New York Feature
New York Today
With its early influx of immigrants from all over the world, the people who make up the Empire State are not easily defined. Most of this cultural melting pot—some 90%—is clustered in the major cities, mostly New York City and Buffalo. African-Americans and people of Italian, Irish, and German descent make up the majority of the state's population; the largest Dominican- and Jamaican-American population in the United States also make New York their home. The New York City borough of Queens holds the state's largest Asian-American population.
New York City has some of the most focused and energetic people in the country. You may need to live here to get the full picture, but trust us, the city also has its mellow side. Drive around the state, and within short order, the frenetic life of the city is replaced by a laid-back, friendly vibe and the storied skyline transforms to pastoral landscapes.
No question that New York City is the banking and finance center in the United States, even in this topsy-turvy economy, and with the New York Stock Exchange, one of the most important in the world. It's also a major communication and media stronghold, with most of major American TV networks broadcasting from Midtown Manhattan. Publishing is also a big industry in the city. Across the state, agriculture dominates, with dairy, apples, cherries, cabbage, maple syrup, and cheese among the top products. New York also produces an astonishing amount of grapes, and with grapes come wine. From the Finger Lakes to Long Island, vineyards are prevalent throughout, second to California in wine produced. Tourism, education, and electronics round out the industries here.
When it comes to politics, New York leans to the left, with Democratic strongholds in the major cities of New York City, Buffalo, and Rochester. In the rural areas, the political pendulum swings to the right, generally favoring Republicans; in fact, most of upstate New York is Republican, though Albany shifts to match the party of the current governor. New York City serves as a major spot for political fund-raising, and has also hosted both Democratic and Republican conventions. Diverse New York City is also home to the oldest and largest Young Republican Club in the country.
Sports are a year-round extravaganza in New York. There's plenty of football to enjoy, with three professional teams (Buffalo Bills, New York Giants, and New York Jets—the latter two sharing a new stadium in the Meadowlands, in New Jersey, beginning in 2010). And professional baseball is always an obsession in New York, where both the Yankees and the Mets consistently add top-name players to their rosters (each team now plays in its own recently built state-of-the-art stadium as of 2009). Fans should visit the National Baseball Hall of Fame in Cooperstown. There you'll find in-depth exhibits of famous players and have the opportunity to relive classic moments in baseball history.
Basketball is popular, too, with the New York Knicks and New York Liberty hooping it up. Each year the state races for the Stanley Cup with three competitive hockey teams: the New York Rangers, the New York Islanders, and the Buffalo Sabres. And don't forget soccer, which is represented by the New York Red Bulls. Add to that to a plethora of minor league teams in all sports, and you'll never be without a game to watch.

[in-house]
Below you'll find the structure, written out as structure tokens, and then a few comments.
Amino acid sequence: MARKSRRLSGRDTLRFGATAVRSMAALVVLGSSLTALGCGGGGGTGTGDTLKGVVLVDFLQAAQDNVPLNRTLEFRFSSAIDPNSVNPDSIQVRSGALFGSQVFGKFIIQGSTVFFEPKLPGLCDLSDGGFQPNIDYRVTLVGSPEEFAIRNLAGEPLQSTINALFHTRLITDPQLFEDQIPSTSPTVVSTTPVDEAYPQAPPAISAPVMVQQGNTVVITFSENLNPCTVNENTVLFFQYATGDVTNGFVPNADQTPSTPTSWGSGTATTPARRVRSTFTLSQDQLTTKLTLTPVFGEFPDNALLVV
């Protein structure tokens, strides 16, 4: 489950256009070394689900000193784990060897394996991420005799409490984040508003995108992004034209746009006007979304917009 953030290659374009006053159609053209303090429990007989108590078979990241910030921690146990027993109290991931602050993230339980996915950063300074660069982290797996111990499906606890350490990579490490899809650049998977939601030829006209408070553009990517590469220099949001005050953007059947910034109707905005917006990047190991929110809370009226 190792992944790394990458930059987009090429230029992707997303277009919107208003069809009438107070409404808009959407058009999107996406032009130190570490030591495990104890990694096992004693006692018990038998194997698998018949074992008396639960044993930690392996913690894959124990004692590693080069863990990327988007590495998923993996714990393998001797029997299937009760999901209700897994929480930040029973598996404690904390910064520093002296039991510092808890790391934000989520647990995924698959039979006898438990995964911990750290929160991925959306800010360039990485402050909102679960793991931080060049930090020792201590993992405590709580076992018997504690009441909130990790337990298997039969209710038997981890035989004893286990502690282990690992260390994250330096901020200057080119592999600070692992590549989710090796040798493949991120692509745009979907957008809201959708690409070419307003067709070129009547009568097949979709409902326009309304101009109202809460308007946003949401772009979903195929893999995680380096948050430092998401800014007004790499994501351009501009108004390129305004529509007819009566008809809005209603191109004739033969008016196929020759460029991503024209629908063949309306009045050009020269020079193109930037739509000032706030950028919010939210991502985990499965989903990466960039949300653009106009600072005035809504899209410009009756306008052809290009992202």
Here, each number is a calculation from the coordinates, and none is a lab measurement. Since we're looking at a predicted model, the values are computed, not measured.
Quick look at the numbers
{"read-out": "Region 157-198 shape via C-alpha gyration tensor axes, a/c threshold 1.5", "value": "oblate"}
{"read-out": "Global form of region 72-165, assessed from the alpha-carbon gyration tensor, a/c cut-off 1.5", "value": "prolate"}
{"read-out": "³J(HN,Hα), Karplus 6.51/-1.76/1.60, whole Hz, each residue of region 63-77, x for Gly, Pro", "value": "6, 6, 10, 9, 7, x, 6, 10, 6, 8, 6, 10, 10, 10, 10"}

It's impossible to be culturally bereft in New York. Major cultural institutions hold sway in New York City, including such landmarks as the Metropolitan Museum of Art, the Museum of Modern Art, the Solomon R. Guggenheim Museum, and the Museum of Natural History. Elsewhere in the state are such unique showcases as the Adirondack Museum, overlooking Blue Mountain Lake in the Adirondacks; the Corning Museum of Glass, with its dazzling collection of historic and modern glass sculptures; and the Strong Museum in Rochester, an imaginative interactive children's museum with more than 20,000 dolls, dollhouses, and toys.
The state also nurtures a vibrant performing arts scene, filled with opera, dance, and classical music concerts and festivals. New York City venues are landmarks in their own right, and to see a concert at Carnegie Hall or the Metropolitan Opera House is an experience onto itself. Throughout the summer, festivals fill the state's calendar, from the Glimmerglass Opera in Cooperstown to the Lake George Jazz Festival.
New York City is the media capital of the country, with dozens of media companies—from print to TV to online—headquartered in Manhattan. Even conservative Fox News is based here. While L.A. still has the major studios, New York has its share of TV tapings (The Martha Stewart Show, The Late Show with David Letterman, and Saturday Night Live, for example) and movies filmed at sites throughout town.
New York is about much more than the cities that inhabit it; in fact, the state is filled with acres and acres of wilderness, from mountains and valleys to rivers and lakes. And New Yorkers across the state emerge from their urban playground in droves to take part in the abundance of outdoor offerings. New York is home to many state parks that offer plenty of hiking, skiing, swimming, biking, camping—you name it—opportunities. From the spectacular peaks and crystal clear lakes of the Adirondacks and the rushing waterfalls of Watkins Glenn State Park to the streams and trails of the Catskills and white-sand beaches of Jones Beach State Park, outdoors enthusiasts have plenty of spaces to indulge their activities. Add to that long scenic drives in the lush, rolling countryside of the Hudson Valley or the Finger Lakes region, dotted with hamlets and wineries, and any urban stresses you have will melt away.
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